Evergreen Disorder: Needlecasts

By: Anthony C. Arnoldi, Board Certified Master Arborist WI-0102B

Summer 2008 Newsletter in Adobe PDF format Both pines and spruces are showing browning needles that affect their beauty and health.

Conifers continue to stay in the news. Spruce had been the most noticeably affected by drought stress and disease agents up to now, but recently both pines and spruces are showing browning needles that affect their beauty and health. The culprit is a group of fungi collectively known as needlecasts.

This browning can develop slowly, over several years, or very rapidly, as has been the case this spring. These fungi attack the needles as they are emerging. Their spores are in the air in spring and land on the soft needles. If the needles are moistened often enough from rains or heavy dews, the spores are able to germinate and then attack the vulnerable tissue. In years when the frequency of moistening events is greater, there is more and faster browning from needlecasts. Drier springs reduce the amount of browning from needlecasts.

This spring has provided several rain events. Many Pines and Spruce have rapidly browned as a result, and many more will show progressive browning over the course of 2008. Their weakened state from previous years of drought stress has lowered their resistance to fungal attack and spread, further speeding the browning. Individual trees vary in their ability to resist disease, (as we do as well); therefore, the amount of browning will vary from tree to tree of the same species. Site conditions that favor fungal development such as shade, crowding, reduced air movement, etc., will have an effect also.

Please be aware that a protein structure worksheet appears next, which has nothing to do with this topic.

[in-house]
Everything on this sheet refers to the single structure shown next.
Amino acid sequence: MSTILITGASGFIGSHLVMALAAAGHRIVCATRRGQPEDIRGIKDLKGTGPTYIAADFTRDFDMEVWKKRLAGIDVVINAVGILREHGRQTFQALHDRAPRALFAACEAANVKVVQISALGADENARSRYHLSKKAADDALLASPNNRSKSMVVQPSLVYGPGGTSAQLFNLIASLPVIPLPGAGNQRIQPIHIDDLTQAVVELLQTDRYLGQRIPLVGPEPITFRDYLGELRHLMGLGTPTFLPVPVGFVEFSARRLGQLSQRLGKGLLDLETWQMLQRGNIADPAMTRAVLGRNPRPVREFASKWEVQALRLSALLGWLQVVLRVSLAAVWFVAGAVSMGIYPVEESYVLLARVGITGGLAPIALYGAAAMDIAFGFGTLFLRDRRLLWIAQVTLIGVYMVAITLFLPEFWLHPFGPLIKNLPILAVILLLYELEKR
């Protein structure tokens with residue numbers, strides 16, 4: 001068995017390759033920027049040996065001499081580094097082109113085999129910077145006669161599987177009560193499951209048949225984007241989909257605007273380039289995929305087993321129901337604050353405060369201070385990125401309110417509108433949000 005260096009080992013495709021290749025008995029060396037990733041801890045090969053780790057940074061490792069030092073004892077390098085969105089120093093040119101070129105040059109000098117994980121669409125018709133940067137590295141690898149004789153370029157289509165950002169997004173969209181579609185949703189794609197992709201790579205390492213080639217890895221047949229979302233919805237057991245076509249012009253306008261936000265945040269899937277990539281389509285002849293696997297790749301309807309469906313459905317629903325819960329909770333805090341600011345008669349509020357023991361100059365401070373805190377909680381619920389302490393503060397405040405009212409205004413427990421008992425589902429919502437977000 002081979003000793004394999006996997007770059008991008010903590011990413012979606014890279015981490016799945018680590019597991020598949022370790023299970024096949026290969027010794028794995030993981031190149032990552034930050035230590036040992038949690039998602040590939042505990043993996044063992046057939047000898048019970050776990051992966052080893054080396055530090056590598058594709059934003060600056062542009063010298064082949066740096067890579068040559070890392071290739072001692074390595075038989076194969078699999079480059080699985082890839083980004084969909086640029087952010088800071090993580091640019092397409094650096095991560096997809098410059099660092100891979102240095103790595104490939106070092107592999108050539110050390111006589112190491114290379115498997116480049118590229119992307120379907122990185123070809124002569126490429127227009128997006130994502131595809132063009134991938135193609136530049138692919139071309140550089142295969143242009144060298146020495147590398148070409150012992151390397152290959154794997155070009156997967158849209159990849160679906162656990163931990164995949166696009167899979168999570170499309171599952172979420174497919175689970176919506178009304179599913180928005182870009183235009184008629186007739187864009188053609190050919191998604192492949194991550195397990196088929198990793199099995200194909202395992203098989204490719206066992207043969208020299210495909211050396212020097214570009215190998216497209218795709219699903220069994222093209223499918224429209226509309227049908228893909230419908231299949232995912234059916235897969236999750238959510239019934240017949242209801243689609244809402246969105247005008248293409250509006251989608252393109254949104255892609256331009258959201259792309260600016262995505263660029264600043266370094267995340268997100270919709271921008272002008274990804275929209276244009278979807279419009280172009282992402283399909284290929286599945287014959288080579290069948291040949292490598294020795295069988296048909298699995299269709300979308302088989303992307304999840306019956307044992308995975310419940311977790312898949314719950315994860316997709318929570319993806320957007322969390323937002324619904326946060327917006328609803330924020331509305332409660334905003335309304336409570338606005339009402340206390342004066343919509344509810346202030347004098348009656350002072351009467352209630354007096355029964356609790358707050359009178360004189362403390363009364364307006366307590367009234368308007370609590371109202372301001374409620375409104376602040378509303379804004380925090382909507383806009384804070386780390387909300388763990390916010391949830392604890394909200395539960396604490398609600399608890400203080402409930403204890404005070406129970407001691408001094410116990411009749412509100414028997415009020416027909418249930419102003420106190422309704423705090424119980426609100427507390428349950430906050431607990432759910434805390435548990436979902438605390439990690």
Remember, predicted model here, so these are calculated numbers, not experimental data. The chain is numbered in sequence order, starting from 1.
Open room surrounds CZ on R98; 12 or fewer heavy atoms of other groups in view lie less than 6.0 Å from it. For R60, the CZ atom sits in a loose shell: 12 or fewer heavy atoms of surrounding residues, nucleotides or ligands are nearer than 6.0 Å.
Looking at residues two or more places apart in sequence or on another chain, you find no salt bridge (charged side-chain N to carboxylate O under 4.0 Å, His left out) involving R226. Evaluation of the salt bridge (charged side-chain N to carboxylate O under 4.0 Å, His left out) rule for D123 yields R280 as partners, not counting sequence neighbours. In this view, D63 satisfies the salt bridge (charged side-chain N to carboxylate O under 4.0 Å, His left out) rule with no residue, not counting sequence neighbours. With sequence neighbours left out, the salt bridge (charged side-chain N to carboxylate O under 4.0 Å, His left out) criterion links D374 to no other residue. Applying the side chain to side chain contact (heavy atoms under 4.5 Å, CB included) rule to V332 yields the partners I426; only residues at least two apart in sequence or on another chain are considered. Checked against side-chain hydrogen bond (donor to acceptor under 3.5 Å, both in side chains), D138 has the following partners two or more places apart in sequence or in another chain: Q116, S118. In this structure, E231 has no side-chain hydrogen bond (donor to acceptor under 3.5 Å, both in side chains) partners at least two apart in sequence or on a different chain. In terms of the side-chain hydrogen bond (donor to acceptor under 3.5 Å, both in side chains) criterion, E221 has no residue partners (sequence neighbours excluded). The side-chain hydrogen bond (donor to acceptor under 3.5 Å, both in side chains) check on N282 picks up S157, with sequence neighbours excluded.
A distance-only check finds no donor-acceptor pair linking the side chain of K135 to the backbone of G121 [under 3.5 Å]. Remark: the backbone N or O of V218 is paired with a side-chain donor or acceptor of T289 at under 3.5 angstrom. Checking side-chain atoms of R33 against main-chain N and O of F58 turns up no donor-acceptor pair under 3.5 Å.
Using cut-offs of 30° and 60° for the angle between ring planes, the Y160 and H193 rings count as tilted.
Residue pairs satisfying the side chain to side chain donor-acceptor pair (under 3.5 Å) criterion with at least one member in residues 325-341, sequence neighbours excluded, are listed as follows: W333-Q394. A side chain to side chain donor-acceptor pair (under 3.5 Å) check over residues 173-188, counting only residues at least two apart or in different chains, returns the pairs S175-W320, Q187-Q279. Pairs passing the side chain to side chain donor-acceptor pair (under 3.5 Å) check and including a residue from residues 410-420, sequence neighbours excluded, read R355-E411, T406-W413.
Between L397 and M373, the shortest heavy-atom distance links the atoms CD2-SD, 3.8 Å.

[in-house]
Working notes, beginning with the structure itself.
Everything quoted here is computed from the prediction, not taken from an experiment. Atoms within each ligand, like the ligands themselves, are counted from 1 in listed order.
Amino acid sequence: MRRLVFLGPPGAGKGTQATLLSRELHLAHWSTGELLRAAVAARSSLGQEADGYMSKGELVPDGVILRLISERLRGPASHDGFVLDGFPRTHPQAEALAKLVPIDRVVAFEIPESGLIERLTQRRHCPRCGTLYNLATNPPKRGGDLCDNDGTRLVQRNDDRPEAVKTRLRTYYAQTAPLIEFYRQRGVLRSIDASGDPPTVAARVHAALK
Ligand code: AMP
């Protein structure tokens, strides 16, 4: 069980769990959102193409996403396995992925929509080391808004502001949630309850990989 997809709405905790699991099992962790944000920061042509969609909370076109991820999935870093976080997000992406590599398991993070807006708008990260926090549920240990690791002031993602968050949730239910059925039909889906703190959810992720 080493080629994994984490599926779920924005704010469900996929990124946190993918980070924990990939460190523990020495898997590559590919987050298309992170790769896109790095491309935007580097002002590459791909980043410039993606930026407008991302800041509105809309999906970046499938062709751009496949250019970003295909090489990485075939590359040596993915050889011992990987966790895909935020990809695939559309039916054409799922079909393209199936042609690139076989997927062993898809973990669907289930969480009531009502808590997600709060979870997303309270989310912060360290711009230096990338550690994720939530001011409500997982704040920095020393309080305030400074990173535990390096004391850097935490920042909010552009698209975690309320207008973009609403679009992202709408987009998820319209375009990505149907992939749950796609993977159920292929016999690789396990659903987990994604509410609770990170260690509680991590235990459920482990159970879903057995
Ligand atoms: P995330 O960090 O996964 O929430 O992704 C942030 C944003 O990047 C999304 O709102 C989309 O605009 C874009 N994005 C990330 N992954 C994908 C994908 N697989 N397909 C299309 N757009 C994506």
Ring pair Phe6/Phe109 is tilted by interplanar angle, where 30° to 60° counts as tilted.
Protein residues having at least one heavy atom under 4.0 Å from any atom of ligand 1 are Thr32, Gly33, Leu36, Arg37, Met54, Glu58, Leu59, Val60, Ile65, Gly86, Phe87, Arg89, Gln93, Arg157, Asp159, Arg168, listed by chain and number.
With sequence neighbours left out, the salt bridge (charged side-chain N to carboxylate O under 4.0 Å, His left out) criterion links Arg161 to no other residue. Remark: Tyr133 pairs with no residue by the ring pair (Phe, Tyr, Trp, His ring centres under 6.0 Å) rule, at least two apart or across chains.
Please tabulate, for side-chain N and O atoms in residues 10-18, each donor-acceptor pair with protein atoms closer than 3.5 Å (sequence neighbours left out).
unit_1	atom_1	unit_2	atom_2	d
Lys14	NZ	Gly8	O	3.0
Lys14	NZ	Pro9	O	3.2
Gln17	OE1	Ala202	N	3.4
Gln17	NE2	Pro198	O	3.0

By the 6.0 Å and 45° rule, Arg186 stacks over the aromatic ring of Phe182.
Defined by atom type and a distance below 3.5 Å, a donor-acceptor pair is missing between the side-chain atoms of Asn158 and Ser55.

Infected needles show spotting or banding of discoloration, but then begin to brown, usually at the tip at first, but eventually spreading along the needle. When the needle dies, it is shed (“cast” off the tree). In Austrian and other pines, the fungus is usually Dothistroma. In Spruces, the needlecast is usually Rhizosphaera.

Needlecasts are controlled through protective fungicide spray programs. Timing and materials can vary with the species of needlecast. In the case of evergreens, patience is needed for both control and the return of aesthetics. Spraying protects the new growth that comes on in spring. Since evergreens carry at least five years of needles, when these become infected, it takes at least three consecutive years of the spray program to collect three years of protected and retained needles to have beauty return.

Many evergreens are needlessly removed by saddened homeowners or ignorant tree cutters who don’t realize that they can be saved. Don’t let this happen to you! Call your Wachtel Certified Arborist for the accurate diagnosis. Also, share this newsletter with your neighbors who may be thinking of cutting down their evergreens. Especially where these are providing needed screening between yards or obstructing unwanted views, this could be tragic.

© Copyright 2008 – Wachtel Tree Science & Service, Inc.

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